Reader/friend Lynn D. told me about some lovely Italian buckwheat cookies, and linked me to the recipe, which I had been planning to try ever since. She served them with a rhubarb dish, cleverly noting that buckwheat and rhubarb are botanic relatives. I did try them, and they are wonderful. Yes, I know they look like catfood, only bigger. But they are great.
The story, which can be found, with the recipe, at Melissa Clark's website is interesting, too. I am a huge fan of buckwheat, in all formats, and I'm just going to have to go on about that a little bit. Kasha-or buckwheat groats (varniskas-with bowtie noodles-or otherwise), buckwheat noodles (soba), and buckwheat pancakes are particular favorites. I'm sure you understand that I cannot help but digress. I promise to return to the cookies shortly.
Re buckwheat pancakes (in memorium): Pamela's, a Pittsburgh breakfast institution, used to serve the world's best buckwheat pancakes. This diner-like restaurant now has a number of locations, include a retro-hipsterish one in the Strip District. (That's the one in the photo.) The original is the smallest, and is located in my Squirrel Hill neighborhood. There is a line on the street every weekend and holiday morning for breakfast at one of the crowded formica tables. Pamela's is famous for their pancakes, which are dinnerplate size, thin and crepe-like, and sport a delightful crisp lacy border. These were once available in "regular" or buckwheat.
I was devoted to the buckwheat ones; they were heavenly- thin, delicate and lacy, with the dark, slightly caramel nuttiness of buckwheat. One day several years ago, I ordered them, and was told that they were no longer offered. The reason? "Not enough people liked them." I told the cook on duty that I personally liked them enough for 10 normal people, but she was unmoved.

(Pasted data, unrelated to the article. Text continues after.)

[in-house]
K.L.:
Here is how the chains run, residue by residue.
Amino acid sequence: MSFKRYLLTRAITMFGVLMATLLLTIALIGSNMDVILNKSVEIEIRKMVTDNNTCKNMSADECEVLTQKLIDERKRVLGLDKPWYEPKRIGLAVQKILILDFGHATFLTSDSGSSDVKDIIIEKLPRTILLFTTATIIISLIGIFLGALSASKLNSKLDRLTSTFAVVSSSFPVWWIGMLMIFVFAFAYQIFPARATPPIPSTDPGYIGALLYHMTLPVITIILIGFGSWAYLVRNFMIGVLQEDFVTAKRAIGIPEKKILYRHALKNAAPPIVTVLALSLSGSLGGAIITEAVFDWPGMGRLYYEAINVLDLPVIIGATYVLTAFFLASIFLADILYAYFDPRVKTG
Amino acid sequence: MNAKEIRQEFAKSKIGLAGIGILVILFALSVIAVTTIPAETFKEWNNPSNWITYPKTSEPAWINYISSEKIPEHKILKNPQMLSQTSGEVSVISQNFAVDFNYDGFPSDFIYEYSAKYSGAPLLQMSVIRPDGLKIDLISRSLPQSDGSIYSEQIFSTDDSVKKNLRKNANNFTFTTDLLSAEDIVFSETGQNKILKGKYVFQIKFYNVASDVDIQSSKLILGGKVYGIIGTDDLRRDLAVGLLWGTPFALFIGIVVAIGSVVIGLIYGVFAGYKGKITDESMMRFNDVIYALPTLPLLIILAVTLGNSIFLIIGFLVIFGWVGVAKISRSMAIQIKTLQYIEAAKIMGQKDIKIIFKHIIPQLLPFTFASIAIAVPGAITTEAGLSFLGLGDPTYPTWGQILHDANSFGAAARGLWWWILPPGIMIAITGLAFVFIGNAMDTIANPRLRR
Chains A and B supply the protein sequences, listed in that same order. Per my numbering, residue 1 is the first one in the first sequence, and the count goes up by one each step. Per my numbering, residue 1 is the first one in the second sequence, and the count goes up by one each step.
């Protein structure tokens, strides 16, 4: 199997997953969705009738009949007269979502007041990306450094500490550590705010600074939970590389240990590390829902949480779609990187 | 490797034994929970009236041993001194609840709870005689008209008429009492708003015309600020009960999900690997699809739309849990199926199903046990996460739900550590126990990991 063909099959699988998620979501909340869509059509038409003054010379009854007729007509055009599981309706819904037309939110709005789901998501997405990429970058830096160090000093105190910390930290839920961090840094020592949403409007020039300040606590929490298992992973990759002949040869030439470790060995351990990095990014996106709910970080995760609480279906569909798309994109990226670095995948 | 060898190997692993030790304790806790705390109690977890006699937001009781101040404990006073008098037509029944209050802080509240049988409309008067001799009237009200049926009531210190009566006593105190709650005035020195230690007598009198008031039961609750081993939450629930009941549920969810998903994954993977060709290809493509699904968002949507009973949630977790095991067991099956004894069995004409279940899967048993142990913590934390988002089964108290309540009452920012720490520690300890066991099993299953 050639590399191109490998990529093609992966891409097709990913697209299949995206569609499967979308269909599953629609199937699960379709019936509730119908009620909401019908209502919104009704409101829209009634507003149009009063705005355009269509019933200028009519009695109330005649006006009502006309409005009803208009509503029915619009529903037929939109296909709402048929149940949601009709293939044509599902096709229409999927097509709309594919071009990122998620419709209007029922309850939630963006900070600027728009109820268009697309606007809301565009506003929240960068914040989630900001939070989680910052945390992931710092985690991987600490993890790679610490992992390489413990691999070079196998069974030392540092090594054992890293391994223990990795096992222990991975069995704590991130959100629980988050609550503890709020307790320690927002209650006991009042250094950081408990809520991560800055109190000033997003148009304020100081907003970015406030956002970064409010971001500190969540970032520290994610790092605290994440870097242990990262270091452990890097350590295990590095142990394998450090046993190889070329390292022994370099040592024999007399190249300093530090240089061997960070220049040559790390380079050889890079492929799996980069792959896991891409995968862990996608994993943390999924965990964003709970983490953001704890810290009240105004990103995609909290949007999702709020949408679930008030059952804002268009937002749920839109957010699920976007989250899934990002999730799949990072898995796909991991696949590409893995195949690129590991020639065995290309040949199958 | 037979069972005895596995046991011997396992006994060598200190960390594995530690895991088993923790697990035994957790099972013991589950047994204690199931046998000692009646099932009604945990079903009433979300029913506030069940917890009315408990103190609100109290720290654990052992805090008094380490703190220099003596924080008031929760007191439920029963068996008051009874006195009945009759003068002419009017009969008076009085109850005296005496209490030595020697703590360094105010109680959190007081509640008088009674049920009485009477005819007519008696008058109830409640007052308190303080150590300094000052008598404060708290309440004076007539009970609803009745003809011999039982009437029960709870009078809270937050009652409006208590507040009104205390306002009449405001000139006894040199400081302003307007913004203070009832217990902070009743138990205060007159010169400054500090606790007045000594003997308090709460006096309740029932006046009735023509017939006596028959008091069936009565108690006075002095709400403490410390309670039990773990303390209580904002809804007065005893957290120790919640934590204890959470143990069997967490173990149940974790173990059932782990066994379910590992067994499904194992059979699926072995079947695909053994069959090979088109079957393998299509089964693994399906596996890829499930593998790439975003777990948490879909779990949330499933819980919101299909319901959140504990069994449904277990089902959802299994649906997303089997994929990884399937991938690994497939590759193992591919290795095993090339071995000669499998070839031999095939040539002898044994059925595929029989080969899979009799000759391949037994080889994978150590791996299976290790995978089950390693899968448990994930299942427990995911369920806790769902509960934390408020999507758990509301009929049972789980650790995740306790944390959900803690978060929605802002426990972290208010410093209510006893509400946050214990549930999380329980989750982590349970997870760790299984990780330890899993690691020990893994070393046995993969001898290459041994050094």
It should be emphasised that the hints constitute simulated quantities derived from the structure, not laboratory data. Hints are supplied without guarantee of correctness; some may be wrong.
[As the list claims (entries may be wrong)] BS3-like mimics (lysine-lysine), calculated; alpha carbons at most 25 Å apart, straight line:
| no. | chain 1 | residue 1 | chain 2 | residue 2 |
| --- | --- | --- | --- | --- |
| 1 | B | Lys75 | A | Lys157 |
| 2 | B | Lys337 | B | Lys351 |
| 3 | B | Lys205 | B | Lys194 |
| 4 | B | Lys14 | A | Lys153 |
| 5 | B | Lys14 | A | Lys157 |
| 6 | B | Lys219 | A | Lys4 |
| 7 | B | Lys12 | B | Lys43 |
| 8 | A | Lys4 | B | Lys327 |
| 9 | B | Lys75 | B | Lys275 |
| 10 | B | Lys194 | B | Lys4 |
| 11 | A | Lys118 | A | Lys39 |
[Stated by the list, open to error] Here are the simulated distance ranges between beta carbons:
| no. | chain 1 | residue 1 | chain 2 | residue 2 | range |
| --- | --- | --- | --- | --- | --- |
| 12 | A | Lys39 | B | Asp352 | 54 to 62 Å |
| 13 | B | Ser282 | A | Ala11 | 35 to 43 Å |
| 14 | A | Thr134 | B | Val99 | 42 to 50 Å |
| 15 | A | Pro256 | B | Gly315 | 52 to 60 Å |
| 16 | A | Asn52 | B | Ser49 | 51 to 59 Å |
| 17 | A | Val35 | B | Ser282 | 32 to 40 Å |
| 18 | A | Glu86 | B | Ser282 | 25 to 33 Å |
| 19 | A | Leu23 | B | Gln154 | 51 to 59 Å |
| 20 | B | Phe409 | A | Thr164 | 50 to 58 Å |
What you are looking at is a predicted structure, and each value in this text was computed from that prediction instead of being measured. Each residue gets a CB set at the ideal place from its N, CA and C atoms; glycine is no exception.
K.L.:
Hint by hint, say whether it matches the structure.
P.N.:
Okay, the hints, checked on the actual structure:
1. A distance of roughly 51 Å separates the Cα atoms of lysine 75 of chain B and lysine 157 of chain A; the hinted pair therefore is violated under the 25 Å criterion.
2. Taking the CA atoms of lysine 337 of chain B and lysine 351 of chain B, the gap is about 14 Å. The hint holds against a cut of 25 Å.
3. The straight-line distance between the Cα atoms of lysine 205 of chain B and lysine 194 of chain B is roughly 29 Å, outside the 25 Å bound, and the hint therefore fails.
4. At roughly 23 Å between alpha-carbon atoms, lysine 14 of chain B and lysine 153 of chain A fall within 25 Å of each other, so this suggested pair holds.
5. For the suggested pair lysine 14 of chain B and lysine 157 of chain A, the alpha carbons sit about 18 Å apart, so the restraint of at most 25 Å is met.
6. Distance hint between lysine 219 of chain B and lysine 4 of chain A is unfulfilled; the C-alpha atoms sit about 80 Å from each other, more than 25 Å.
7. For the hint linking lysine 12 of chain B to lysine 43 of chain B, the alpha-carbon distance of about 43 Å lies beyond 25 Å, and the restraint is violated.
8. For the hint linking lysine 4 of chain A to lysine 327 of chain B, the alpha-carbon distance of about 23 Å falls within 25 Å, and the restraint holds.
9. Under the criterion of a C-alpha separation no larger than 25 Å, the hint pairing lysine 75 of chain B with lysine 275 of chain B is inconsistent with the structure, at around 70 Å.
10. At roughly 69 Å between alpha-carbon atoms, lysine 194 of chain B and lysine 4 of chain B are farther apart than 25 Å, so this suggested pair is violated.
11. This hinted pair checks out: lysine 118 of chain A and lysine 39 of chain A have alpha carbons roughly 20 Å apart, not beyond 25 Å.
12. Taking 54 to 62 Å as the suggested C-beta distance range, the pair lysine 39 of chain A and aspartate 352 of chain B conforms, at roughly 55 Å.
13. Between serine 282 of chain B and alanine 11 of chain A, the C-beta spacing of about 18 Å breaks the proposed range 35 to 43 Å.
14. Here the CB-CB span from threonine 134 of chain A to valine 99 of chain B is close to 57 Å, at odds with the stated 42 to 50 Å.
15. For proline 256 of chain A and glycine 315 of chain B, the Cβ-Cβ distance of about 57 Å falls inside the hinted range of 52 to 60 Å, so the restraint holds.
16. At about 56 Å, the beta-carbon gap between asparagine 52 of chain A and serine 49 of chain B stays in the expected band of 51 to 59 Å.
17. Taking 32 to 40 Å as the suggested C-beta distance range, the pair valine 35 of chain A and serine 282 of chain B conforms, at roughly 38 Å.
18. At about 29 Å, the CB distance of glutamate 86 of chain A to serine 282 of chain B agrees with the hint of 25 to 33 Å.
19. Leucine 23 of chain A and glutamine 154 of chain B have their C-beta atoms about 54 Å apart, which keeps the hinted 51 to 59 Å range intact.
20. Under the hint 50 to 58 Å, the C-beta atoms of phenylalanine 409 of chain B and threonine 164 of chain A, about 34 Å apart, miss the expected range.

I suppose that I could have figured out an approximation to make at home, but I don't really want to make them at home. I love to eat breakfast out, so I'm eating the "regular" ones at Pamela's now, when I go there. Eating an elaborate breakfast out is a huge treat in so many ways. All the best breakfast goodies are rare events in our lives these days. Few of us now work physically, dawn to dusk, burning calories like racehorses. If we ate this kind of thing all the time, we would be leaden. So when we do indulge, it is a special occasion.
Then too, when we eat breakfast out, once replete, we can head straight home for the couch and newspaper, or (if virtuous) for a long walk to work it all off, either one without paying the price in soapsuds and pot scrubbing. Big greasy breakfasts are hell to clean up, and look depressing soaking in the sink, if you leave them for later. Finally, the best of breakfasts out are generally much, much cheaper than mediocre restaurant dinners. You see my point.
Having wandered far from the cookies, I might as well go on about my personal Vegetarian Kasha Varnishkas (hereinafter "K.V.").This classic combo of buckwheat groats, bowtie noodles and gravy, is incredibly simple to make when it it prepared as a side with a brisket in gravy. You simple mix the cooked kasha and pasta, stir in some gravy, sprinkle with parsley, and there you are.